H.B. NO.



















SECTION 1. Section 804-3, Hawaii Revised Statutes, is amended to read as follows:

"804-3 [Bailable] Pretrial release; bailable offenses. (a) For purposes of this section, "serious crime" means murder or attempted murder in the first degree, murder or attempted murder in the second degree, or a class A or B felony, except forgery in the first degree and failing to render aid under section 291C-12, and "bail" includes release on one's own recognizance, supervised release, and conditional release.

(b) Any person charged with a criminal offense shall be [bailable by sufficient sureties;] ordered released by a court of competent jurisdiction on the person's personal recognizance; provided that [bail] unconditional release may be denied where the charge is for a serious crime, and:

(1) There is a serious risk that the person will flee;

(2) There is a serious risk that the person will obstruct or attempt to obstruct justice, or therefore, injure, or intimidate, or attempt to thereafter, injure, or intimidate, a prospective witness or juror;

(3) There is a serious risk that the person poses a danger to any person or the community; or

(4) There is a serious risk that the person will engage in illegal activity.

(c) [Under subsection (b)(1)] There shall be a rebuttable presumption [arises that there is a serious risk] that the person [will flee or will not appear as directed by the court where the person] is [charged with a criminal offense punishable by imprisonment for life without possibility of parole. For purposes of subsection (b)(3) and (4) a rebuttable presumption arises that the person poses a serious danger to any person or community or will engage in illegal activity where the court determines that:

(1) The defendant has been previously convicted of a serious crime involving violence against a person within the ten-year period preceding the date of the charge against the defendant;

(2) The defendant is already on bail on a felony charge involving violence against a person; or

(3) The defendant is on probation or parole for a serious crime involving violence to a person.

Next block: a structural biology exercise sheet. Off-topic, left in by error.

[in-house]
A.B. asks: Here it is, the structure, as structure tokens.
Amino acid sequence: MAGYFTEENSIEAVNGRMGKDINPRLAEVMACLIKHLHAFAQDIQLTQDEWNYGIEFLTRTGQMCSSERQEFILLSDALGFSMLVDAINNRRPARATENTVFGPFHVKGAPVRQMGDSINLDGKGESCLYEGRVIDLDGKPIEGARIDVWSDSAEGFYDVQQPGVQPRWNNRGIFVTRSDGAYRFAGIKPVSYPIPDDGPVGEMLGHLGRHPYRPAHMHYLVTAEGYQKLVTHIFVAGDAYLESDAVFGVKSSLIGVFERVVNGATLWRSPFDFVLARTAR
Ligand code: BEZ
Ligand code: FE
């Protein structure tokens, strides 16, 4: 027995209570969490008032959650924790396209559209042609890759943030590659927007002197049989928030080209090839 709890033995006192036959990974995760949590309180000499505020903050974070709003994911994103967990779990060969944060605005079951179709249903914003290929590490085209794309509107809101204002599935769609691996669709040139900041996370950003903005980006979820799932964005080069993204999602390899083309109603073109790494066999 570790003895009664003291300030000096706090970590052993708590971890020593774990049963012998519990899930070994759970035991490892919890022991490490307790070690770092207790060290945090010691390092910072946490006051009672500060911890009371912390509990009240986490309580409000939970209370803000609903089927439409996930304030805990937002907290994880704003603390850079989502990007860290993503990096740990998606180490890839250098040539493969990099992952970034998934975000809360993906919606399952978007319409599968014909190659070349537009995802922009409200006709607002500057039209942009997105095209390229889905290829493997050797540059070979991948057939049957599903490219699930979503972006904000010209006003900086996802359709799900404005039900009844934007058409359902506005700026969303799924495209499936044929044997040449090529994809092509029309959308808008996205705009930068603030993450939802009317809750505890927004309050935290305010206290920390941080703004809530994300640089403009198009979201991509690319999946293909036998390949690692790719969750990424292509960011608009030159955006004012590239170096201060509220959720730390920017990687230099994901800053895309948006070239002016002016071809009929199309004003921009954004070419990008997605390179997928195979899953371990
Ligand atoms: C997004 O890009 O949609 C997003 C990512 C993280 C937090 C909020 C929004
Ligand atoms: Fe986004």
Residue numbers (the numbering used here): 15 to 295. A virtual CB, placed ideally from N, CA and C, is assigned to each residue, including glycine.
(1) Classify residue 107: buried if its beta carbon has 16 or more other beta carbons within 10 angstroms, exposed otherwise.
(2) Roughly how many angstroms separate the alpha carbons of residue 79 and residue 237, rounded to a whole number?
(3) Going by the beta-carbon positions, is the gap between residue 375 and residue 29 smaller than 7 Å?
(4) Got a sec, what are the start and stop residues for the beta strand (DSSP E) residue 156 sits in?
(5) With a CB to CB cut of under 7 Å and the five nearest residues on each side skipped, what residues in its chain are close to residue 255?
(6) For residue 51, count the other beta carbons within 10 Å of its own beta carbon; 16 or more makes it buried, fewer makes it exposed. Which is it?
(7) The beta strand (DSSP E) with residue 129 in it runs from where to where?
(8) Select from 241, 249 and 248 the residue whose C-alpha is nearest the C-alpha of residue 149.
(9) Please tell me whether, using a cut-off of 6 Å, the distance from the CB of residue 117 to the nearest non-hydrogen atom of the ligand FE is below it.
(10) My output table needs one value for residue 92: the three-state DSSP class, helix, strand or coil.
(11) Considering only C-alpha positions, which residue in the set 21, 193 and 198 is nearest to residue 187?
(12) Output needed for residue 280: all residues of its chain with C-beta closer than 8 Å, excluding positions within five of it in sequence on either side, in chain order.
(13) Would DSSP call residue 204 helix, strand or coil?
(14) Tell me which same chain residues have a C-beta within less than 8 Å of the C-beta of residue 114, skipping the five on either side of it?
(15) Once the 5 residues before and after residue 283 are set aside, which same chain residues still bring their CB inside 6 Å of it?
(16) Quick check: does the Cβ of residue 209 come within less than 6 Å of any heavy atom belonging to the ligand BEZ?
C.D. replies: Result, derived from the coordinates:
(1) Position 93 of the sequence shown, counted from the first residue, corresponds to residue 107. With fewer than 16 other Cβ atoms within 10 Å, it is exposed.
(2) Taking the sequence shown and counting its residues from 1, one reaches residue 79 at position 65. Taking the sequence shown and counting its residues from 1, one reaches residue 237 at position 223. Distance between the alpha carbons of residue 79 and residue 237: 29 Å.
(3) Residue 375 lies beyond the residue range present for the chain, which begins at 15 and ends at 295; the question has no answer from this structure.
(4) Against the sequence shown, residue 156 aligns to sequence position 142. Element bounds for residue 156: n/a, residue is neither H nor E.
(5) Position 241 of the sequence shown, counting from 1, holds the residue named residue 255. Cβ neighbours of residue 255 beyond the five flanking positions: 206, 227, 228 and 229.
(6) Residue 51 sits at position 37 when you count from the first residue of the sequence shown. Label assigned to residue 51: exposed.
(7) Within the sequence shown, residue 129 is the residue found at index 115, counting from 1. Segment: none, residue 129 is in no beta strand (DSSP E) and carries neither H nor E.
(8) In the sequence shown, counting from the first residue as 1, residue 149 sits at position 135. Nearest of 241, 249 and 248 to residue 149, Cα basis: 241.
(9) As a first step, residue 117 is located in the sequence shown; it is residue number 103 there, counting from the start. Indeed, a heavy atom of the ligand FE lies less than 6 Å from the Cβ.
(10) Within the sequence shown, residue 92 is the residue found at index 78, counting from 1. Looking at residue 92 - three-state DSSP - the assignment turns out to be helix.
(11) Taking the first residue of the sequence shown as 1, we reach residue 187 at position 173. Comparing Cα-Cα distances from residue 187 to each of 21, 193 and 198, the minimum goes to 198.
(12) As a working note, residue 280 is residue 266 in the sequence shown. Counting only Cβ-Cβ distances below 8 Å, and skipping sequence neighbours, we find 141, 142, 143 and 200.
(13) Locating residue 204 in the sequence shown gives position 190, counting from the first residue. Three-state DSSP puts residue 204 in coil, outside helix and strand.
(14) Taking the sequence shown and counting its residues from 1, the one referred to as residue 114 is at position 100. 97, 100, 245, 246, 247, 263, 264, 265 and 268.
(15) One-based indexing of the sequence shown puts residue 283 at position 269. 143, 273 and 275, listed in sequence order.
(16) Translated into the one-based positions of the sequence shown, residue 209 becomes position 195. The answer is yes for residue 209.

(d)] entitled to unconditional release, and that the person will appear in court when required. Before a court grants unconditional release, a hearing shall be held within forty-hours after the person's arrest. The burden of proof shall be upon the State to establish, by clear and convincing evidence, that unconditional release under this subsection is inappropriate based on the criteria in subsection (b).

(d) If the court finds than an unconditional release will not reasonably assure the appearance of the person when required, and if bail is recommended by the State, the court shall first consider non-financial alternatives to bail that would allow release while ensuring a return to court and the protection of public safety.

(e) If the court finds that the release described in subsection (d) will not reasonably assure the appearance of the person when required, the person shall be bailable by sufficient sureties, except as provided in subsection (f).

(f) If, after a hearing the court finds that no condition or combination of conditions will reasonably assure the appearance of the person when required or the safety of any other person or community, bail may be denied."

SECTION 2. This Act does not affect rights and duties that matured, penalties that were incurred, and proceedings that were begun before its effective date.

SECTION 3. Statutory material to be repealed is bracketed and stricken. New statutory material is underscored.

SECTION 4. This Act shall take effect on July 1, 2019.








Report Title:

Crime; Unconditional Release; Bail



Establishes a presumption that a person charged with a crime is entitled to unconditional release unless proven otherwise. Requires the consideration of nonfinancial conditions of release before bail is ordered.




The summary description of legislation appearing on this page is for informational purposes only and is not legislation or evidence of legislative intent.